Pompeo played down the impact of the U.S. withdrawal as he urged nations to contribute money to restabilizing territory liberated from the militant group. In Iraq alone, there is a $350 million shortfall of what’s needed to allow the return of the nation’s citizens.
Despite the planned Syria withdrawal, Pompeo said, “Our mission is unwavering, but we need your help to accomplish it.” He asked coalition partners to “seriously and rapidly consider requests that will enable our efforts to continue,” requests he said would come “very soon.” He did not specify what the United States would ask for. In addition to money to pay for stabilization in areas cleared of the Islamic State, the administration has hinted it might request foreign troops from Arab allies.
One option for the Arabs could be to patrol a “safe zone” along Syria’s northeastern border with Turkey that is being negotiated by Washington and Ankara. In a briefing early Wednesday with reporters, a senior administration official, speaking on the condition of anonymity to discuss ongoing diplomacy, said: “I don’t think we’re prepared to comment on what make up an international force in that safe zone because those conversations haven’t been concluded yet.”
Turkey, which has threatened to attack Syrian Kurdish forces that are U.S. allies in the fight against the Islamic State, has said its military forces would patrol the area, an option that the administration is believed to have rejected.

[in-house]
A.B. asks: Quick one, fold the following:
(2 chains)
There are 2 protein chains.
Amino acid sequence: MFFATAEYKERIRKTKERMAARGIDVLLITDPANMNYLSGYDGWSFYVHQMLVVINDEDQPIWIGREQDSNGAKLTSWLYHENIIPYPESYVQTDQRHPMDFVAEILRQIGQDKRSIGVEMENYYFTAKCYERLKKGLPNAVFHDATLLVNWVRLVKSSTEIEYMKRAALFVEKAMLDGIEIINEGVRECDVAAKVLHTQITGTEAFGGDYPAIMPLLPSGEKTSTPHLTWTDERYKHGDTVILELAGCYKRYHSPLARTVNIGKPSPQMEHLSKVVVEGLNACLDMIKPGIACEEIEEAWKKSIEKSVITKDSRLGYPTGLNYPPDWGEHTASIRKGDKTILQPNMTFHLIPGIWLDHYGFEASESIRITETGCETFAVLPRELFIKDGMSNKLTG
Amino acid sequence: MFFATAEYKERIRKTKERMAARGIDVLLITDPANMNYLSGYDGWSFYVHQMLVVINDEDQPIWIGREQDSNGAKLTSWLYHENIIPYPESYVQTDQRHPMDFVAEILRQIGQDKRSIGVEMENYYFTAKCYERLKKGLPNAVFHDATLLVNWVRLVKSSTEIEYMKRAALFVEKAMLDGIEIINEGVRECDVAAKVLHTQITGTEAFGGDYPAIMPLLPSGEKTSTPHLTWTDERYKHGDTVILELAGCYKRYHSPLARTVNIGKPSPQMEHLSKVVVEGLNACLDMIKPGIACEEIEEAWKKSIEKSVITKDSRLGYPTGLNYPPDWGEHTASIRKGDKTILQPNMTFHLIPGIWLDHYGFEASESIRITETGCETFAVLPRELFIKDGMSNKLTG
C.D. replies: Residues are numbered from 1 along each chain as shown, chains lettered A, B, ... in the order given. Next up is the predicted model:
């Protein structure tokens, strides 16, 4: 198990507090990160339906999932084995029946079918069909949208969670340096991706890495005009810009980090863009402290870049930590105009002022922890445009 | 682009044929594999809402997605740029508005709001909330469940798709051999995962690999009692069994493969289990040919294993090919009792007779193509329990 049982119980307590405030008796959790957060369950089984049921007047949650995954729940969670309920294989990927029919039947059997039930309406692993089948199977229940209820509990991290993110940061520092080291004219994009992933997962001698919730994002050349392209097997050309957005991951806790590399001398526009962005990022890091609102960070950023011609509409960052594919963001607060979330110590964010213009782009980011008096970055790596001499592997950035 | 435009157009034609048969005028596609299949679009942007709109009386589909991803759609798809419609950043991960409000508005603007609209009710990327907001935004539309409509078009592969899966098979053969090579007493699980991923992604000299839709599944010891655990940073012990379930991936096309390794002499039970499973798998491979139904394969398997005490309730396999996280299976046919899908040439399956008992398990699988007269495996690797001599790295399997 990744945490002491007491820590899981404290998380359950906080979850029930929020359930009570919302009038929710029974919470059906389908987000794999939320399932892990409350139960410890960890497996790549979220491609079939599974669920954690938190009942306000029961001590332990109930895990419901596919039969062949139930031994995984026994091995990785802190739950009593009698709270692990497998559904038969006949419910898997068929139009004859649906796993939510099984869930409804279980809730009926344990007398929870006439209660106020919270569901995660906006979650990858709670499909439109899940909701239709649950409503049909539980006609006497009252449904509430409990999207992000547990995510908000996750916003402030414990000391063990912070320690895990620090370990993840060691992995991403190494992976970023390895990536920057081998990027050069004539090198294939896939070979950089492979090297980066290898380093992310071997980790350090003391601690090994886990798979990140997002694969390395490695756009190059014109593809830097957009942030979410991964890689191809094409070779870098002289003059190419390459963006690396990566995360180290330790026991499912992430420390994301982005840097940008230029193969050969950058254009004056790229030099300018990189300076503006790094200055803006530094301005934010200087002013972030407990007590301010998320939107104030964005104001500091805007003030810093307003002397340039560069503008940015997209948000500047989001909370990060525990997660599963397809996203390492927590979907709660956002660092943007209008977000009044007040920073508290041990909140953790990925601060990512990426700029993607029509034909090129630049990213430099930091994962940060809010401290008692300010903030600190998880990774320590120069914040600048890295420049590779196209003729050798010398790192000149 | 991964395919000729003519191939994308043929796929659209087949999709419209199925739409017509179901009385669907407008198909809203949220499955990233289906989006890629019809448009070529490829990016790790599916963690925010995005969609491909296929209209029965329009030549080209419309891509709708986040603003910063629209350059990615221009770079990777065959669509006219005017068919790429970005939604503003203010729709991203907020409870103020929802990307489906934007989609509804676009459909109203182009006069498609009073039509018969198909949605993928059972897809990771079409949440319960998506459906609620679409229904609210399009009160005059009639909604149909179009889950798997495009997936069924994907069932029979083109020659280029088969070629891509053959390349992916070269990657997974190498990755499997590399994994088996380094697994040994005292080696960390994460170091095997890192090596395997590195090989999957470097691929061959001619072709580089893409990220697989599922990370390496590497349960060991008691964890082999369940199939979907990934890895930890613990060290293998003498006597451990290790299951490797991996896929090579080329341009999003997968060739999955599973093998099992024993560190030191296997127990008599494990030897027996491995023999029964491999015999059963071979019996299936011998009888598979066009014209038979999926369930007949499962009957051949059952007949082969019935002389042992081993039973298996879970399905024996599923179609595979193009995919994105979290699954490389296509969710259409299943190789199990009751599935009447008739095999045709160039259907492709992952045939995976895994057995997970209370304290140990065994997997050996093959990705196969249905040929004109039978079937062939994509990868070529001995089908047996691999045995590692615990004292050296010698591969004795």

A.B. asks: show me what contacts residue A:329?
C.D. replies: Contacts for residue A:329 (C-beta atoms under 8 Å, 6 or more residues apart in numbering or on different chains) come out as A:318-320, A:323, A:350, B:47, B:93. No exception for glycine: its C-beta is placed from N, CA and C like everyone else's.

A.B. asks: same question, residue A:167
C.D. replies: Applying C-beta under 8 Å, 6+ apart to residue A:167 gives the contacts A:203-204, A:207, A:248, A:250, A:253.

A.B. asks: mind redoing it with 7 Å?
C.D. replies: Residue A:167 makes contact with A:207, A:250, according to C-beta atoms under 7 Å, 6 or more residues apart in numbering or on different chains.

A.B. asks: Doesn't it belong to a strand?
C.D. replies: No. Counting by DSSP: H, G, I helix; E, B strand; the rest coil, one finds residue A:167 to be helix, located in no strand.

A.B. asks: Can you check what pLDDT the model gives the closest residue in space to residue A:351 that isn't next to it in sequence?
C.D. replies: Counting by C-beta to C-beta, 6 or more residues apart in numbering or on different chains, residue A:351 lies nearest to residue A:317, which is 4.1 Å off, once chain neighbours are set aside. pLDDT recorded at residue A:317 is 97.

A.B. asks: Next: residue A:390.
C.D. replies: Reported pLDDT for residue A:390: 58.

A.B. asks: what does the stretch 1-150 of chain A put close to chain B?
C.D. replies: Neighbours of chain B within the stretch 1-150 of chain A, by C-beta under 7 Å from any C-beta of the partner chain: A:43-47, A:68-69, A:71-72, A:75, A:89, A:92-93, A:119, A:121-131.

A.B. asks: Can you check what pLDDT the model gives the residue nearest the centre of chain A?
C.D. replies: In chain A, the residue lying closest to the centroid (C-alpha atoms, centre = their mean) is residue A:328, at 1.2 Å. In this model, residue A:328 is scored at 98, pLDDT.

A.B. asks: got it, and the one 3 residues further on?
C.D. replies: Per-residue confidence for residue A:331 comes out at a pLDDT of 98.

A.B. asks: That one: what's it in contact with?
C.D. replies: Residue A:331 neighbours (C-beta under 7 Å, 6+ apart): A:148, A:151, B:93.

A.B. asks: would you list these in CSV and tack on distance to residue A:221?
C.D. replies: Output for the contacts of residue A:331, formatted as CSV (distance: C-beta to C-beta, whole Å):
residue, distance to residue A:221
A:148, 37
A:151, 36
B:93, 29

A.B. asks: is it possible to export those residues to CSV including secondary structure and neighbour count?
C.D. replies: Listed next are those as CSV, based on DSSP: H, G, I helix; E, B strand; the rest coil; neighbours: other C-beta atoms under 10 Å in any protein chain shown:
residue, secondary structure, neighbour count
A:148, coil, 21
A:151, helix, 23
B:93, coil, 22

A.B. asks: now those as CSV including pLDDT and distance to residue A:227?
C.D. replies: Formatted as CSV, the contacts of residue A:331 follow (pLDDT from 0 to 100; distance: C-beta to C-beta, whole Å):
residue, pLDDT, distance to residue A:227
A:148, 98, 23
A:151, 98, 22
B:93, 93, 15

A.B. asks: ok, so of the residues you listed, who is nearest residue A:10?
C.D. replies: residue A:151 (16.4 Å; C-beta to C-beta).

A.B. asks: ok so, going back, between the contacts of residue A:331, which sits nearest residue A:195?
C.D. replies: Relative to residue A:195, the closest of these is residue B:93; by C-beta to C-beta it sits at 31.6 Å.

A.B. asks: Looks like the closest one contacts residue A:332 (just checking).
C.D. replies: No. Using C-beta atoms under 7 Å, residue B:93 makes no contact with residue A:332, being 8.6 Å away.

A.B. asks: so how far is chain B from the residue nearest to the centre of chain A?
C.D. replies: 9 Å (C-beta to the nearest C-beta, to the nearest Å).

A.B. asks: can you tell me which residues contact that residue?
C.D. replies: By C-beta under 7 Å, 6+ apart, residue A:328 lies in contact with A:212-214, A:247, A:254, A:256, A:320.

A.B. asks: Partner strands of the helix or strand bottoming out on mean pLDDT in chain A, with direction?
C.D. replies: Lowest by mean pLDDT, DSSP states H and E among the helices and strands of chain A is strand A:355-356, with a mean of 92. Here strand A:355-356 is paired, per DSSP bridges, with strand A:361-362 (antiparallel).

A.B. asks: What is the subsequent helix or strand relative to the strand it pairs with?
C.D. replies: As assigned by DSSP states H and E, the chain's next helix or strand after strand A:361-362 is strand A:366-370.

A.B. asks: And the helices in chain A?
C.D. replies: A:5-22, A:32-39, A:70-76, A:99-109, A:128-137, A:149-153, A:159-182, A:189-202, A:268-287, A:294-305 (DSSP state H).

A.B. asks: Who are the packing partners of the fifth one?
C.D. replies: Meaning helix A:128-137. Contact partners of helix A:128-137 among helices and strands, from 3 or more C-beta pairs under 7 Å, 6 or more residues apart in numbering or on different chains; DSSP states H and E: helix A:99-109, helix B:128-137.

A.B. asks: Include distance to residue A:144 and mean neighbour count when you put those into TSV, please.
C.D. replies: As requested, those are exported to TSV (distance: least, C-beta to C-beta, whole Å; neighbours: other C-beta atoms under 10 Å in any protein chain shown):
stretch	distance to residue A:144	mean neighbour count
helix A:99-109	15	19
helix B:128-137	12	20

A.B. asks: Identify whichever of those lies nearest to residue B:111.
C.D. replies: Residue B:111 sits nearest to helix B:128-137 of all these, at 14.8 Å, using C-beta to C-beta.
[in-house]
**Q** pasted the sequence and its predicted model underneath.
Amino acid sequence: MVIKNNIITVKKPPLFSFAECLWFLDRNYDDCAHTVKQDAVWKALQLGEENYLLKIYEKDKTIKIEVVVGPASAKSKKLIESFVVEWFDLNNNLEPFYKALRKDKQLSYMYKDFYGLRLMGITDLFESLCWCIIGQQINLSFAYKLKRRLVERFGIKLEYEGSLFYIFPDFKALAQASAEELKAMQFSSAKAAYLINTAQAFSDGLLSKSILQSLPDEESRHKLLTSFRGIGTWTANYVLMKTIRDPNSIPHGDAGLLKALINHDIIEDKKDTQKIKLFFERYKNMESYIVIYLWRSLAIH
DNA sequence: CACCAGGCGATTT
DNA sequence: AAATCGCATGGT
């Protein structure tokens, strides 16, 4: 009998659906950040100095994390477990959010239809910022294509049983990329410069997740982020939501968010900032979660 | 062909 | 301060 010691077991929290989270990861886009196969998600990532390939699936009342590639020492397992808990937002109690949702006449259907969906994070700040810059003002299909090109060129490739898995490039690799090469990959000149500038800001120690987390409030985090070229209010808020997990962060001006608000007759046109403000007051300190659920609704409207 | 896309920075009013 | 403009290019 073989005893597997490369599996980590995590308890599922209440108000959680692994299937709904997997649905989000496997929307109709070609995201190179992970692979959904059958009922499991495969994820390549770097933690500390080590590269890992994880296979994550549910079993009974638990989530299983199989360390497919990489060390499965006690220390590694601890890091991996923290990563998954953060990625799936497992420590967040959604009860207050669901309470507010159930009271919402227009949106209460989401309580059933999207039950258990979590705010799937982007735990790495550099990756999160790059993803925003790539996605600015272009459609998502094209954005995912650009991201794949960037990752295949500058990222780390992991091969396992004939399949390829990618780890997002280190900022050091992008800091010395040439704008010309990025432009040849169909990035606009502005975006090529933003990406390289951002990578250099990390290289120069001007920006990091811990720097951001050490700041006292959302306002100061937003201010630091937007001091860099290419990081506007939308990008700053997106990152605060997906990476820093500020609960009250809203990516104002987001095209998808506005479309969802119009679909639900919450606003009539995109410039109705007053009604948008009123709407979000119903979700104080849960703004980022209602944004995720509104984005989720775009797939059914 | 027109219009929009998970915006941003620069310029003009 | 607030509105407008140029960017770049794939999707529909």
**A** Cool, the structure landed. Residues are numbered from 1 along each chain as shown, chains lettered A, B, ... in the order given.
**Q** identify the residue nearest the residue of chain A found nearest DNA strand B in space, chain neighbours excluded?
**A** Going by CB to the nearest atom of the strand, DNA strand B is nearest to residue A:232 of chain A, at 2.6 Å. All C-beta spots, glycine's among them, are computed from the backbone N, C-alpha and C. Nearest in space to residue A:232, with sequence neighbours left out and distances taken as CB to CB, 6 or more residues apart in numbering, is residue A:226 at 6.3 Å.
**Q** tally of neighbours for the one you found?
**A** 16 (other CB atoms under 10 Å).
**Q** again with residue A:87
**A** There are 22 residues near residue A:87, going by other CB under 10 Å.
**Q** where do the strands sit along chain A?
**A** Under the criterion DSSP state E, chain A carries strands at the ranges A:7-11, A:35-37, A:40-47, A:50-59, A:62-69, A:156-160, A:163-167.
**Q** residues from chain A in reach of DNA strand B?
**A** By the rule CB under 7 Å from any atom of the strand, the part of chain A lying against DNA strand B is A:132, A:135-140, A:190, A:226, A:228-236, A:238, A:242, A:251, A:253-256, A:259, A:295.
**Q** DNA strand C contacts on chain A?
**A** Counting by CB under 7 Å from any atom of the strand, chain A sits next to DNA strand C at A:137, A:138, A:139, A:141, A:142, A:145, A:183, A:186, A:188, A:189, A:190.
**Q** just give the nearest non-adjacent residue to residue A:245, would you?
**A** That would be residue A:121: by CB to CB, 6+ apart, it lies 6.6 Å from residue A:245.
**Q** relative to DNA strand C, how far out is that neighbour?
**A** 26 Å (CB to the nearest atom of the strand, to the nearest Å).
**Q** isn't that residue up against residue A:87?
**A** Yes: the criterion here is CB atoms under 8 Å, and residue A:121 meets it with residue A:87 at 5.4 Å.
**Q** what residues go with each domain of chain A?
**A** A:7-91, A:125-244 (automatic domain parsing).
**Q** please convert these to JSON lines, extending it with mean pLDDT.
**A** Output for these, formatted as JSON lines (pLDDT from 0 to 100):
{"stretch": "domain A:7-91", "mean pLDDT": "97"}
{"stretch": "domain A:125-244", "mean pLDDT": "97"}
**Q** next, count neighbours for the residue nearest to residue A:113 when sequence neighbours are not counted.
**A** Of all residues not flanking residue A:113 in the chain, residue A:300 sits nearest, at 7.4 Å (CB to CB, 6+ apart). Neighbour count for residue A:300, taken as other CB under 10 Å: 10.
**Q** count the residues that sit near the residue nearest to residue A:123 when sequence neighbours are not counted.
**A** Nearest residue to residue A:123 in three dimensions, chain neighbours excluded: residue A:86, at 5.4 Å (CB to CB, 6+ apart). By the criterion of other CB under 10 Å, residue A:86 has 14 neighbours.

A joint U.S.-Turkey statement released following talks in Washington on Tuesday makes no mention of safe zones or Kurdish fighters. Asked whether the U.S. withdrawal would go ahead even if those talks fail, the official was noncommittal.
“I think the president’s direction is clear that when the territorial caliphate of ISIS is destroyed, that is the mission of the American troops in northeast Syria, and he will want them to come home,” the official said. “I wouldn’t want to predict failure given the success of our recent discussions with the Turks. So I think we’ll remain optimistic that creating this safe zone is in both of our best interests and that we’ll be able to get there.”
Despite the militant group’s massive territorial loss, the U.S. military worries that the Islamic State’s defeat is not final and that the group could rise again in a year or less.
It “remains a potent force of battle-hardened and well-disciplined fighters that could likely resurge in Syria absent continued counterterrorism pressure,” said a report from the Pentagon’s inspector general Monday.
And Gen. Joseph Votel, the commander of U.S. forces in the Middle East, warned Tuesday of just such a resurgence.
“The coalition’s hard-won battlefield gains can only be secured by maintaining a vigilant offensive against the now largely dispersed and disaggregated ISIS that retains leaders, fighters, facilitators, resources and the profane ideology that fuels their efforts,” he told a Senate committee.
The senior administration official indicated that Trump’s withdrawal order will not immediately apply to all 2,000 U.S. military forces in Syria. A U.S. garrison in Tanf, in southern Syria on the border with Jordan, “would be the last place that we would withdraw from,” the official said, “and I think that’s something that has not been scheduled; it would be conditions-based.”
Senior aides to the president, including national security adviser John Bolton, have argued that the Tanf garrison is important because it lies along a main east-west highway that would enable Iranian forces in Syria to travel more easily between Tehran and Beirut.